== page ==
Repeal of the Alternative and Renewable Portfolio Standards Act Passes both Houses

In last week’s “Update,” we told you that both legislative chambers had produced committee substitutes for S.B. 1 and its companion bill H.B. 2001; these are bills that propose to repeal West Virginia’s Alternative and Renewable Portfolio Standard (AREPS).  Both committee substitutes retain the net metering provision of the AREPS.

In testimony before the House Judiciary Committee on Monday, WVU Law Professor James Von Nostrand presented a cogent argument for keeping the AREPS in place, even if net metering is preserved.  Professor Van Nostrand reminded the committee that in approximately 18 months, West Virginia will be required to submit a proposal for complying with the EPA’s “Clean power plan,” which is designed to cut carbon emissions from power plants, and that the AREPS provides the authority needed for developing our plan.  If West Virginia fails to submit a compliance plan by the deadline, the EPA could impose a federal implementation plan.  Nevertheless, the committee passed the Committee Substitute and the bill was introduced on first reading on Tuesday.

On Wednesday, H.B. 2001 was on second reading (amendment stage) in the House.  Now, in case you missed it, on the first day of the session the Republicans had adopted a new Rule, designated Rule 95c, which says in part,

95c. Upon the introduction of any legislation which has a potential impact on the state’s economy, the Speaker may request from any institution under the authority of the West Virginia Higher Education Policy Commission . . . a review of the proposed legislation for purposes of preparing an Economic Impact Statement. The Economic Impact Statement may address the probable effect of any proposed legislation on the economy of the State of West Virginia including, but not limited to, the effect of the legislation on employment, job creation or reduction, and compensation.

So Delegate Mike Pushkin offered an amendment to H.B. 2001, asking for an economic impact statement (EIS), saying, “Why would we not ask for an EIS on this, the very first bill introduced?  It seems the perfect opportunity to put the new rule into play, and if we can prove that it will preserve one job, I will support the bill.”  However, the amendment was ruled not germane to the bill, which moved on to third reading without amendment.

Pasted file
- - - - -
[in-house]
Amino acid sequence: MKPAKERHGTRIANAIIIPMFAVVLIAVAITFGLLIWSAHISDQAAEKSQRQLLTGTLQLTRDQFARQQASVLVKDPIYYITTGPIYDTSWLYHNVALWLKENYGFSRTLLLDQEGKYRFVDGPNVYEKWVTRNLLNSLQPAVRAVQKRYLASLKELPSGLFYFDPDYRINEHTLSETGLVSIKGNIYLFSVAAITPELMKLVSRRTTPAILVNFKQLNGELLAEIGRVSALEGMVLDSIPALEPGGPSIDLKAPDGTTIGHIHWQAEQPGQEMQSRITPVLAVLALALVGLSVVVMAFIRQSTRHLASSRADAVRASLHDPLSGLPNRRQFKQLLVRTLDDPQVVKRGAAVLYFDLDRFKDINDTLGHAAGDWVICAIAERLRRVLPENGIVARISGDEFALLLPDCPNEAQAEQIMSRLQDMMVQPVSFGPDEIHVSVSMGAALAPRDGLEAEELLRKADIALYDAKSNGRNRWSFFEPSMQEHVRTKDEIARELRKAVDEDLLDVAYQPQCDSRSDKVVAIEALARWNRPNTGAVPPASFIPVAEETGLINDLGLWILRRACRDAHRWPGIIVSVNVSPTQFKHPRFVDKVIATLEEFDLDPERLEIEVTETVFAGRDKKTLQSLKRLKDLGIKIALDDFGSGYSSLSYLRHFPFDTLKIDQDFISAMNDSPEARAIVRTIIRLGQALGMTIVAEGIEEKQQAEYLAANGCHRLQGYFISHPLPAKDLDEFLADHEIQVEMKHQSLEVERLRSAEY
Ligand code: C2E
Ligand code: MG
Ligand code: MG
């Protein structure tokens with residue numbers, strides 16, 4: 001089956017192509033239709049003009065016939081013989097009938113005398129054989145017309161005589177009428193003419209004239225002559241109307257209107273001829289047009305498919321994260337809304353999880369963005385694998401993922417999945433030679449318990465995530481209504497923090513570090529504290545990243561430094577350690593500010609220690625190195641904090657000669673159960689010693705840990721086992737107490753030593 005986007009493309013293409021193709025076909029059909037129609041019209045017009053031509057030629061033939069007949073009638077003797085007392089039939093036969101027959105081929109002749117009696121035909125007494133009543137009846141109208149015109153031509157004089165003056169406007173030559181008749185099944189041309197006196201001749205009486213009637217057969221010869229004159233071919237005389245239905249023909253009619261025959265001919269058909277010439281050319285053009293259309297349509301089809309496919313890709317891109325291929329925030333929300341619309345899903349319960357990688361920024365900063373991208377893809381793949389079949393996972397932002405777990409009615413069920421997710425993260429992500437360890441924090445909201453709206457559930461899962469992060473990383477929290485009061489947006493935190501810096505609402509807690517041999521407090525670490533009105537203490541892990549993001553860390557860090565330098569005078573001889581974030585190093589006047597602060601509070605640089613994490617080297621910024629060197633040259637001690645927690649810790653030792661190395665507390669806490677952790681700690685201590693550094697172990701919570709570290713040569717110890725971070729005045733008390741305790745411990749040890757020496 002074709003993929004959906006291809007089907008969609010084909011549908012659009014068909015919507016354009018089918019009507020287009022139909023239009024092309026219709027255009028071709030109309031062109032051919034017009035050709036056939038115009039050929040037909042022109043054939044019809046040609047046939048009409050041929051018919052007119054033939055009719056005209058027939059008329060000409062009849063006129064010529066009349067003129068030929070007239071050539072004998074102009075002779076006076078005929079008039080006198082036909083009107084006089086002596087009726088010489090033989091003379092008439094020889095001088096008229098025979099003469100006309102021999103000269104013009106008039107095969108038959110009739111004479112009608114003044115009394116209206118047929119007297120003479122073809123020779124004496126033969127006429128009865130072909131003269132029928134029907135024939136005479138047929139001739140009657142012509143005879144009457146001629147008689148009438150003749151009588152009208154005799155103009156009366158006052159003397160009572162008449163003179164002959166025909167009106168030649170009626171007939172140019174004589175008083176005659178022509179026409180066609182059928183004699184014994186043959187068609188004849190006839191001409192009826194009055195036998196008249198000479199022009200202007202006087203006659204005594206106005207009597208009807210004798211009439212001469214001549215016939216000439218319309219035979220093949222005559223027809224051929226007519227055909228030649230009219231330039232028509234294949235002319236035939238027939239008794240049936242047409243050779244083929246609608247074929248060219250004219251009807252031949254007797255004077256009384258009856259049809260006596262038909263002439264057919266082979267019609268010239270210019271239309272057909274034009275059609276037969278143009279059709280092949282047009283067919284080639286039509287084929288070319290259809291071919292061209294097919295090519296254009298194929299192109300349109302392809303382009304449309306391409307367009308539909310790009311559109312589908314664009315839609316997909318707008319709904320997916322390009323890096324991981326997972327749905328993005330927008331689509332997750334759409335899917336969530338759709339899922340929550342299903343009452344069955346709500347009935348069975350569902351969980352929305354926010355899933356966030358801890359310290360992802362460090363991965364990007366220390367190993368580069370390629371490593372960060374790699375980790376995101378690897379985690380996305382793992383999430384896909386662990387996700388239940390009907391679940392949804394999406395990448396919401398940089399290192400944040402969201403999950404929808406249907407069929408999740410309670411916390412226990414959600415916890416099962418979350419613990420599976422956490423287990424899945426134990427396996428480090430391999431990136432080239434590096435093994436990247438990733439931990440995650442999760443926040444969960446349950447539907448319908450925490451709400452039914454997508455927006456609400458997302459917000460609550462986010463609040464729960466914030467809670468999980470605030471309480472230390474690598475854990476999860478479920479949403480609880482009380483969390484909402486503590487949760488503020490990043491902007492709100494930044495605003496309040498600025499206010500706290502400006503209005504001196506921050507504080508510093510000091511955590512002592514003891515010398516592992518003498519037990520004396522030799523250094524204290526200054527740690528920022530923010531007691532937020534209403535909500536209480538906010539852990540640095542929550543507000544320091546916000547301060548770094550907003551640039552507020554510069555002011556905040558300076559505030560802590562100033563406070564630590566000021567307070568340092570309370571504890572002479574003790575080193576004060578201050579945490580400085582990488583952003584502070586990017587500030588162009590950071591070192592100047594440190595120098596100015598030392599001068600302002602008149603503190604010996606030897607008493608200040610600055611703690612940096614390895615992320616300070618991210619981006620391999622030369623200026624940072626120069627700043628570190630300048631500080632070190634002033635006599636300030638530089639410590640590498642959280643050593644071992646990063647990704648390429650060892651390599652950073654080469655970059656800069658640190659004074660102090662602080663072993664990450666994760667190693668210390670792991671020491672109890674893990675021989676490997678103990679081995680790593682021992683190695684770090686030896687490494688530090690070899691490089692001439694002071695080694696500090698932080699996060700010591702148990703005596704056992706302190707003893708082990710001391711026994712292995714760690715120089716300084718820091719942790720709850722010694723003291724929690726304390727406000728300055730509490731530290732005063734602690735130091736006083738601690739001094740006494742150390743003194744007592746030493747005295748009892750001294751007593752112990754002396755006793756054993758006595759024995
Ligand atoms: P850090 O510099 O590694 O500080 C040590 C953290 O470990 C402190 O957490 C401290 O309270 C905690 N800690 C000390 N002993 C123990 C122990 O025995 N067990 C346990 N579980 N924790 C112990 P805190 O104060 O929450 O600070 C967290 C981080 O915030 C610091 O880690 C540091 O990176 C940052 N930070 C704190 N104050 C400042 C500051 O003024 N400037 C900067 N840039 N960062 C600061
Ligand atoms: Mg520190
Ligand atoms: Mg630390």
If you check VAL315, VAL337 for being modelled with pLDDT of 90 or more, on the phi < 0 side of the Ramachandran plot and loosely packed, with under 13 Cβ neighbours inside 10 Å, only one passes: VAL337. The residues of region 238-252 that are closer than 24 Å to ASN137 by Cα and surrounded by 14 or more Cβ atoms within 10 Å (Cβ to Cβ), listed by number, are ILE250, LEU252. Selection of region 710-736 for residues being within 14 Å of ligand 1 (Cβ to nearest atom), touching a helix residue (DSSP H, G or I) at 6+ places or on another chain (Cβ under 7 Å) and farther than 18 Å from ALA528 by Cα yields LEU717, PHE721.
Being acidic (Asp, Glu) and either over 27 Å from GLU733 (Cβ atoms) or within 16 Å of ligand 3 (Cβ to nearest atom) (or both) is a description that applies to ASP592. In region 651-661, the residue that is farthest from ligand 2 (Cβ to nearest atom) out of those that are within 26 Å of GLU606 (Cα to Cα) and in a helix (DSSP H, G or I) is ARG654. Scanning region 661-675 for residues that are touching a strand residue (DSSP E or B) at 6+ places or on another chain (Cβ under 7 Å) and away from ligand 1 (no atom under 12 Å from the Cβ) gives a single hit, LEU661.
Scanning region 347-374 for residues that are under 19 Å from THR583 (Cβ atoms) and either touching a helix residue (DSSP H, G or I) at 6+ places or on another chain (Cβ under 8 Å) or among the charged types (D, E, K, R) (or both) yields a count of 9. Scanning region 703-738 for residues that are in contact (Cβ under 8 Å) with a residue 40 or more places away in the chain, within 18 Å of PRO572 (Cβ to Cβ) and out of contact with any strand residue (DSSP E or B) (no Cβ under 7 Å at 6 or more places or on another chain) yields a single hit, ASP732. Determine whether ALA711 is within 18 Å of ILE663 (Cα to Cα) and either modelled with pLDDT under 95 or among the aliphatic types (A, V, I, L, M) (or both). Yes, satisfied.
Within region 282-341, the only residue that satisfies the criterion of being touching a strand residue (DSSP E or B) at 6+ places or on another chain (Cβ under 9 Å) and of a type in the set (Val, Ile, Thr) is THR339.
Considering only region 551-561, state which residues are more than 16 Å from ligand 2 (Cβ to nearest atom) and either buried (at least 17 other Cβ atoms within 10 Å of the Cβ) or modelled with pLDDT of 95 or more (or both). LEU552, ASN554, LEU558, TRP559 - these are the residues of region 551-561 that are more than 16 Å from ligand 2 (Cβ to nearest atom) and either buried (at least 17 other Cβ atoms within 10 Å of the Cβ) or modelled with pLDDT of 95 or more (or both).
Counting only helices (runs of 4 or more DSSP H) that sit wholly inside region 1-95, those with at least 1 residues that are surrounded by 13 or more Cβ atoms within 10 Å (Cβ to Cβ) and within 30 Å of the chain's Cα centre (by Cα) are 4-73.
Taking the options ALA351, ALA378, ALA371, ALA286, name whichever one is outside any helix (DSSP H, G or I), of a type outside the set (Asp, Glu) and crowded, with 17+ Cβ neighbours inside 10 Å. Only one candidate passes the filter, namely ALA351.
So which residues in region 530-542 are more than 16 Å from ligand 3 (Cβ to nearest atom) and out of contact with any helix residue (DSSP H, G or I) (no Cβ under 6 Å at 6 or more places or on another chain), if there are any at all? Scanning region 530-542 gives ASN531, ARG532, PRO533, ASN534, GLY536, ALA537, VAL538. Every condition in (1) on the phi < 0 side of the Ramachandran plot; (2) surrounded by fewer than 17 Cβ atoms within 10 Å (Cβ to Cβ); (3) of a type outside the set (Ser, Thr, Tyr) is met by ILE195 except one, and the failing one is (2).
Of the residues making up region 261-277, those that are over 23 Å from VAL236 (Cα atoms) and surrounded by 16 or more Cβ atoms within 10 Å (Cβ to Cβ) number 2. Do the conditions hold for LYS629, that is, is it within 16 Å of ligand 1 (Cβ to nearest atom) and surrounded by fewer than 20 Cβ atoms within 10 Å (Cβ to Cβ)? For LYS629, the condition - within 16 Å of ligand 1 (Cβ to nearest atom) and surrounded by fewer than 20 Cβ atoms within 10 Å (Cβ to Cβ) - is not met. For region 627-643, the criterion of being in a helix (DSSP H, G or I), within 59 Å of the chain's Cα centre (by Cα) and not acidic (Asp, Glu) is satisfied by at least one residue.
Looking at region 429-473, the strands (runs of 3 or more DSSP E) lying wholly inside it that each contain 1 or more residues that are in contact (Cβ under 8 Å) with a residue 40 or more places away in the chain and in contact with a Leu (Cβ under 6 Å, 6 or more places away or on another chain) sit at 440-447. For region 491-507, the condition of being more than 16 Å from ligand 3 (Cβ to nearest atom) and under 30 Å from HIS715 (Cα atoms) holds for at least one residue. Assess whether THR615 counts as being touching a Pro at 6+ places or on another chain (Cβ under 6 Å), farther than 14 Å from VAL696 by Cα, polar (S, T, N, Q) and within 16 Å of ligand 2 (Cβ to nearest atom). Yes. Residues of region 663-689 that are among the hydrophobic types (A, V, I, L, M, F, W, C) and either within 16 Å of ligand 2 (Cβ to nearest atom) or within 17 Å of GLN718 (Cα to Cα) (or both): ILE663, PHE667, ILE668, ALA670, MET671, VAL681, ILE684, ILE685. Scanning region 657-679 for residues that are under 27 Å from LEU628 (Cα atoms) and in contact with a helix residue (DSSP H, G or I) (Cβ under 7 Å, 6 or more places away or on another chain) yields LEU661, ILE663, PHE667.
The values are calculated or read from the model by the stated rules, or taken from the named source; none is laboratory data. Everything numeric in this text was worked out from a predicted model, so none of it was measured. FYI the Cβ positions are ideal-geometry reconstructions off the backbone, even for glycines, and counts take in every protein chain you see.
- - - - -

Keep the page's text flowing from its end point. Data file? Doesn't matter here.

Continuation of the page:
Passage.  S.B. 1 passed the Senate on Wednesday, 33-0.  Then on Thursday, after about an hour of contentious debate, H.B. 2001 passed the House with only four dissenting votes:  Fleischauer, Guthrie, Pushkin and Skinner.  During the debate, Delegate Nancy Guthrie courageously told her fellow delegates that “We are going to wear coal around our neck like a yoke until it drags all of us down!”

Each bill now crosses over to the other chamber, but since they are nearly identical and each has passed its chamber of origin, they can be reconciled and go on to Governor Tomblin without passing the other chamber.  On Monday’s first episode of WV Public Broadcasting’s “The Legislature Today,” the Governor appeared to be inclined to go along with the repeal of the AREPS, although he did express support for retention of net metering.

H.B. 2201.  In a related development, Tuesday saw the introduction of H.B. 2201, which originated in the Judiciary Committee and which also codifies net metering requirements. Delegates apparently felt this bill was necessary because H.B. 2001 contains no definition of net metering. On Friday, 2201 was on third reading with right to amend, and an amendment by Delegate Folk (R-Martinsburg) was added, stating that

“The commission shall assure that any net metering tariff does not create a cross-subsidization between customers within one class of service.”

The intent of the amendment is to prevent costs from being passed on to all ratepayers in the event an electric utility finds it necessary to upgrade its system in order to comply with net metering.  However, the amendment is unnecessary because the Public Service Commission is already empowered by Chapter 24-3-2 to prevent discrimination between customer classes.  The amended bill passed 96-0.

The “cross subsidization” language had also been included in S.B. 1.  H.B. 2001 is therefore our preferred version of the AREPS repeal bill; its failure to define net metering is not a problem since definitions are contained within the PSC rules.  Committee references having been dispensed with, 2001 is on second reading in the Senate on Monday.

In this issue of Green, see Ken Ward’s related article which ran in the Gazette last Wednesday.

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